January 5, 2005
Four focus groups comprising 56 non-disabled adults ages 16-29, and four groups comprising 32 adults ages 18-32 with either a physical or hearing disability, discussed HIV/AIDS knowledge, personal risk and experiences of health-seeking practices.
The study found non-disabled participants had good awareness of HIV/AIDS in rural and urban areas and obtained their information from various sources. However, disabled participants obtained their information from a more limited array of sources, lacked HIV/AIDS awareness, and were misinformed about transmission modes, the authors wrote.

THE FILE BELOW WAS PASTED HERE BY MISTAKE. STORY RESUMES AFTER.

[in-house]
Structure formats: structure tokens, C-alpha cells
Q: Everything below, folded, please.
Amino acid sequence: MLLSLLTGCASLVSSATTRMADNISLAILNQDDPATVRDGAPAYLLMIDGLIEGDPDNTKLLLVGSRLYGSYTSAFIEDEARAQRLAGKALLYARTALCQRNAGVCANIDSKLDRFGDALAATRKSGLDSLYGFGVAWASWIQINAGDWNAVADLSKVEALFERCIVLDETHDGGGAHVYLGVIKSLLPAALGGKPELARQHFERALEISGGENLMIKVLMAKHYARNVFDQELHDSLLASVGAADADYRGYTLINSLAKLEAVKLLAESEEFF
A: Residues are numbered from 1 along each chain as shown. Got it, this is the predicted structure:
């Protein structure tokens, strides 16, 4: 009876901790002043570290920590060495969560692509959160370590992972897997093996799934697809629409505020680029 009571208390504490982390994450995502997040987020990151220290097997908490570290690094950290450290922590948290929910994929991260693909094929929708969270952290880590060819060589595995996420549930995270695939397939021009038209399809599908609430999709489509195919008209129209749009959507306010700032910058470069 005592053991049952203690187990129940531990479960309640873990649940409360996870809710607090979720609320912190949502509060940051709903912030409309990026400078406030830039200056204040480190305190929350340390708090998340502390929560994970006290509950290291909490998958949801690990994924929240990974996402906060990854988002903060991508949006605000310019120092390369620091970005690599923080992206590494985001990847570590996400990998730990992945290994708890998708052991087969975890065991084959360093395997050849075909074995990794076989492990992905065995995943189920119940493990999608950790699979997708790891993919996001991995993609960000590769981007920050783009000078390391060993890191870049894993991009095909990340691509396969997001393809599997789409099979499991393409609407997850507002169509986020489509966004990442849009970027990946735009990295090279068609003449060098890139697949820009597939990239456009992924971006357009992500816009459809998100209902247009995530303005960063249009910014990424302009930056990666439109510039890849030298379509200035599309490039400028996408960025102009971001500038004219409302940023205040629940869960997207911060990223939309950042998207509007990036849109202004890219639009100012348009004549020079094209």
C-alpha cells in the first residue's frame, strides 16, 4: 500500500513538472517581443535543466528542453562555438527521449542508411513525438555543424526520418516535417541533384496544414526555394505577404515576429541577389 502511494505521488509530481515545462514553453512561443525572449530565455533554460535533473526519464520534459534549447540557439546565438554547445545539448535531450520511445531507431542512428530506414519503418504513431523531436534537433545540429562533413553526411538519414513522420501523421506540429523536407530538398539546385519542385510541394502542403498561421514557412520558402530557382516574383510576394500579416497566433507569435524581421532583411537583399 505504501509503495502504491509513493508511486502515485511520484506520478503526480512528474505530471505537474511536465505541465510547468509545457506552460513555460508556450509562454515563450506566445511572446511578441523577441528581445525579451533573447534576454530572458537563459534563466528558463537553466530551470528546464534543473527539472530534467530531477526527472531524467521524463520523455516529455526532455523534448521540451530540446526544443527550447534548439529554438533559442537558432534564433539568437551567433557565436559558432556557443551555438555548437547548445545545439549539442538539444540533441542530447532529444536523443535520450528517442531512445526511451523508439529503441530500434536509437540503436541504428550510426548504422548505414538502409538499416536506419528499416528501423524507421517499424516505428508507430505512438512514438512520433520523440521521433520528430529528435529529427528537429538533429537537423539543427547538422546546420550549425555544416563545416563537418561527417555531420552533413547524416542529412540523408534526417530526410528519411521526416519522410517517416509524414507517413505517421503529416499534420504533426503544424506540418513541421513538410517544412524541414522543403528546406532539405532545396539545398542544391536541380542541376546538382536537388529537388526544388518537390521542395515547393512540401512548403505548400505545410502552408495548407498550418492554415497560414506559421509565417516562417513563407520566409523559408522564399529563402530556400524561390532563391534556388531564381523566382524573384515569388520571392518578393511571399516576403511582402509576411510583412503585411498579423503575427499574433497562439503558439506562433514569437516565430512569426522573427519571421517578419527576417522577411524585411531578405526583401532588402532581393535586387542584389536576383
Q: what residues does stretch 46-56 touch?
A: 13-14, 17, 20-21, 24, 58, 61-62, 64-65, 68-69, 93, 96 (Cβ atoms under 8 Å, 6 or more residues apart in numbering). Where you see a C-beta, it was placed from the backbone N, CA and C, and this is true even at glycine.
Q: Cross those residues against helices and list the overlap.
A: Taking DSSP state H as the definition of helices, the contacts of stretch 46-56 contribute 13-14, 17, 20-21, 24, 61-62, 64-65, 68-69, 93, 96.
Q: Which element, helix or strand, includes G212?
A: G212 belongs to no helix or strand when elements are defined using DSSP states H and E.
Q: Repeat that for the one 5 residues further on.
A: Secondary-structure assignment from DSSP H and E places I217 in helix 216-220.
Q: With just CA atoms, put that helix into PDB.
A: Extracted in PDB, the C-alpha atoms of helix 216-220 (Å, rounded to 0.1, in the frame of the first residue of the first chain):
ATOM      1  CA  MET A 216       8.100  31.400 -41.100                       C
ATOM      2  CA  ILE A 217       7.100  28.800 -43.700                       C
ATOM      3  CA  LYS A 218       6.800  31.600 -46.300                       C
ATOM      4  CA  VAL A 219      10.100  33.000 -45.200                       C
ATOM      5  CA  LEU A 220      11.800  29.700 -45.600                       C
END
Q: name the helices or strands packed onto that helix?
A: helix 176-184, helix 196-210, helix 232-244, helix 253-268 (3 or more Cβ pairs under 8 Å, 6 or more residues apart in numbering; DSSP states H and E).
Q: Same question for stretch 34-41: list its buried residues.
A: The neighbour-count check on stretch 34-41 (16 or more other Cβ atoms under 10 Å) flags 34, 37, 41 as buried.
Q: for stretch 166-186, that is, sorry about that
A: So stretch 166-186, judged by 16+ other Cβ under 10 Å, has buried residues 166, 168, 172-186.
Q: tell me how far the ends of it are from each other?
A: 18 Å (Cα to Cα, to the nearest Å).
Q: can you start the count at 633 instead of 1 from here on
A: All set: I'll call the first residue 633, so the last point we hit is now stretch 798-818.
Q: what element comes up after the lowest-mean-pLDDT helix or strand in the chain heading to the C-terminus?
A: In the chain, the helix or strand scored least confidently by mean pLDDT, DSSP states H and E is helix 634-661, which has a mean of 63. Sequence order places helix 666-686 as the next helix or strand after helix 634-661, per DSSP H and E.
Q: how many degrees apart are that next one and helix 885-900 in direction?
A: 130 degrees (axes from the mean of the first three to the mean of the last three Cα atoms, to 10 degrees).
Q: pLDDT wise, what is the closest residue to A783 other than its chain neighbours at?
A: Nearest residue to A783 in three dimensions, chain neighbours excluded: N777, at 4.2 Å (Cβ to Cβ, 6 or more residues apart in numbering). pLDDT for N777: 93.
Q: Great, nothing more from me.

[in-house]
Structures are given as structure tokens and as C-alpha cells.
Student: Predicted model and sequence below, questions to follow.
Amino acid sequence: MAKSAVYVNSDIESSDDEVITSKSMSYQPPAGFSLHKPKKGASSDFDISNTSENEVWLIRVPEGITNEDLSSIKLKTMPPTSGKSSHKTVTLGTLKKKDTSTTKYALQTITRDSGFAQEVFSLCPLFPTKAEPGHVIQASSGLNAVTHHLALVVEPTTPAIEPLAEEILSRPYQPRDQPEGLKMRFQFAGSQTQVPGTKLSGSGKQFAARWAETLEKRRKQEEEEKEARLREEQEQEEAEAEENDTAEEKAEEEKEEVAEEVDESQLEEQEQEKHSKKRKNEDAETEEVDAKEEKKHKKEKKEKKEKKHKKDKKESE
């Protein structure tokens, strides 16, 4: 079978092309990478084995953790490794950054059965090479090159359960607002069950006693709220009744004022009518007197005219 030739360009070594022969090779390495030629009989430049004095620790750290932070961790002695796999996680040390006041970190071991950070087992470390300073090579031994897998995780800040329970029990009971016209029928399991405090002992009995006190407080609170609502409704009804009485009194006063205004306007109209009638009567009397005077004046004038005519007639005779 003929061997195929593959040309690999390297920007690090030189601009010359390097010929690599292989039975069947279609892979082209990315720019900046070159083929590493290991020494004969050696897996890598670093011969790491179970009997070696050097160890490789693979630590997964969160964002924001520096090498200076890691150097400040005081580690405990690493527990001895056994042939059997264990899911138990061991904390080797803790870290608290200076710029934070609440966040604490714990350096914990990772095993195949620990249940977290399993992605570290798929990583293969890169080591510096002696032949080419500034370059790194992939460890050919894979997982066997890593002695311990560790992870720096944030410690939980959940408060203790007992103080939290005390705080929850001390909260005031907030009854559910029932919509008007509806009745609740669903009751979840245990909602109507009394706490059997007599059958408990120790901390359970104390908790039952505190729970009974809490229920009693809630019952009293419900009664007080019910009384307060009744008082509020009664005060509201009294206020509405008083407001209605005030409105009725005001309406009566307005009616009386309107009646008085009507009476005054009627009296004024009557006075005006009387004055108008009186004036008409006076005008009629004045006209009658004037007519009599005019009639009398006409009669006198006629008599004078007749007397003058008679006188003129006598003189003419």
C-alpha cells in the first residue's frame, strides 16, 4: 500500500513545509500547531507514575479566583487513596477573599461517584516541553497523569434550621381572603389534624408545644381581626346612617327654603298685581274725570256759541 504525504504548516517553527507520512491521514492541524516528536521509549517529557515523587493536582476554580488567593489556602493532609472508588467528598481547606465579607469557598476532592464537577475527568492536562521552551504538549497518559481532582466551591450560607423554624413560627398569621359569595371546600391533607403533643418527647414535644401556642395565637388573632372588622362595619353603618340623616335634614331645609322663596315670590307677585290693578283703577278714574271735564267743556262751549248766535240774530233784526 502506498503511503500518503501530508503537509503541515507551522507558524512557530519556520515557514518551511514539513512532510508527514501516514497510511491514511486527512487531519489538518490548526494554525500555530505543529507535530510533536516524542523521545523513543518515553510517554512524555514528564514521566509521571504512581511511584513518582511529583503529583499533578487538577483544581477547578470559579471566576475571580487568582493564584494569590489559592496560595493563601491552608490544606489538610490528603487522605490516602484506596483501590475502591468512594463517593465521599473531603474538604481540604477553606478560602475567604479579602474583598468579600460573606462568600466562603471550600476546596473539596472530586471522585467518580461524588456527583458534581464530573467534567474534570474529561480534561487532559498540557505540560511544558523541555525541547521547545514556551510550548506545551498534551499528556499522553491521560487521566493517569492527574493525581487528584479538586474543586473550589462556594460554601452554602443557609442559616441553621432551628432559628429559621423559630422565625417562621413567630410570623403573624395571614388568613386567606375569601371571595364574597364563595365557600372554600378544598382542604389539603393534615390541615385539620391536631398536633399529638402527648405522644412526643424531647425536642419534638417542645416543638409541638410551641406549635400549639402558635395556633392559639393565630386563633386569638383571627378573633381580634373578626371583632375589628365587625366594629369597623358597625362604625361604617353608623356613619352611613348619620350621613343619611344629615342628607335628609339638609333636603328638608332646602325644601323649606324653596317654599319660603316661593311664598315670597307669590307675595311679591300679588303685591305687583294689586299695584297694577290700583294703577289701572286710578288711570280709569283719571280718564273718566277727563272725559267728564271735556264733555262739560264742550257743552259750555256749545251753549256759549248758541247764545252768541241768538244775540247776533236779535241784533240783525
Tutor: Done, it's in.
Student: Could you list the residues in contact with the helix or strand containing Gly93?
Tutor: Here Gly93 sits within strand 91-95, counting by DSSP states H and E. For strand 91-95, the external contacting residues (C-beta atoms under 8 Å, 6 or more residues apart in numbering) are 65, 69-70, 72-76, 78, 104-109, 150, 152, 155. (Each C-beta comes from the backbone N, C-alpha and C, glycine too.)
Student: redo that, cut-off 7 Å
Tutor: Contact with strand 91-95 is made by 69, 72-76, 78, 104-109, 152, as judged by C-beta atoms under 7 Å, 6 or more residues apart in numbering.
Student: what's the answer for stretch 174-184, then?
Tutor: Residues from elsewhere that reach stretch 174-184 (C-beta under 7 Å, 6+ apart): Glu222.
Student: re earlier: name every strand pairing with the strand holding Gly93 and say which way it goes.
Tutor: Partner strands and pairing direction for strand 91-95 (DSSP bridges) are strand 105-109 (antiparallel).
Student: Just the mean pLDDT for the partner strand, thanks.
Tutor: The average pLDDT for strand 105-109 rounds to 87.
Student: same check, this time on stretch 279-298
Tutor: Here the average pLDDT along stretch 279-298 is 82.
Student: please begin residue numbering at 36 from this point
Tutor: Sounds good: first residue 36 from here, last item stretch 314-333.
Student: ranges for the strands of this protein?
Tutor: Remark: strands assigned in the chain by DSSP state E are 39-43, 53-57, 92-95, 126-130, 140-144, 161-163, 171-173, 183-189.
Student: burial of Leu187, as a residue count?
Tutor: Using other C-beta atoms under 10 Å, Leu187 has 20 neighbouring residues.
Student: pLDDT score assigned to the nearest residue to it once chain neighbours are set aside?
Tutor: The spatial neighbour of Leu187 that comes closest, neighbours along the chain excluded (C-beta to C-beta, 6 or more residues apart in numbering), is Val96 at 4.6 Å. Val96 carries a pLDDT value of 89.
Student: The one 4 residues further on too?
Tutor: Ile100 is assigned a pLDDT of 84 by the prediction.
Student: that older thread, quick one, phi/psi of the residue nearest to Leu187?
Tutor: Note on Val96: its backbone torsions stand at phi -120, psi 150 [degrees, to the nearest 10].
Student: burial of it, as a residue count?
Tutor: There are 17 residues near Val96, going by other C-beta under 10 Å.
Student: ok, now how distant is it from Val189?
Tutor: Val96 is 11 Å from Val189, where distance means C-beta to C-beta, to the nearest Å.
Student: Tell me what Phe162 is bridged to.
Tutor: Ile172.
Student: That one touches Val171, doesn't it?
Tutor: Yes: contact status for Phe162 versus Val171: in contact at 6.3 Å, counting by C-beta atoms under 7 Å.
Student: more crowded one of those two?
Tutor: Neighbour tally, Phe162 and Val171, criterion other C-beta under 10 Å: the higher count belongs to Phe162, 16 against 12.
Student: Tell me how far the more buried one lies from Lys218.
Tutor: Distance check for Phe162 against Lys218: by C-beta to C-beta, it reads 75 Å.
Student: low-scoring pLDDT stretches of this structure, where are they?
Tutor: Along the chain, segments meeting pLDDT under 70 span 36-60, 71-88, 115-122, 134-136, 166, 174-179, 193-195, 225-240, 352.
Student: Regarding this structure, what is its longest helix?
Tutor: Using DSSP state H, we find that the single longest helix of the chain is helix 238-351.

"Women with disabilities described experiences of sexual exploitation and abuse," which they perceived as "higher among disabled women than their non-disabled peers," researchers said. The women believed this stemmed from non-disabled men's perception that disabled women are HIV-negative. The authors suggested further research would enable HIV/AIDS programs to address the specific needs of disabled persons.
The full report, "Knowledge, Personal Risk and Experiences of HIV/AIDS Among People with Disabilities in Swaziland," was published in the International Journal of Rehabilitation (2004;27(3):247-251).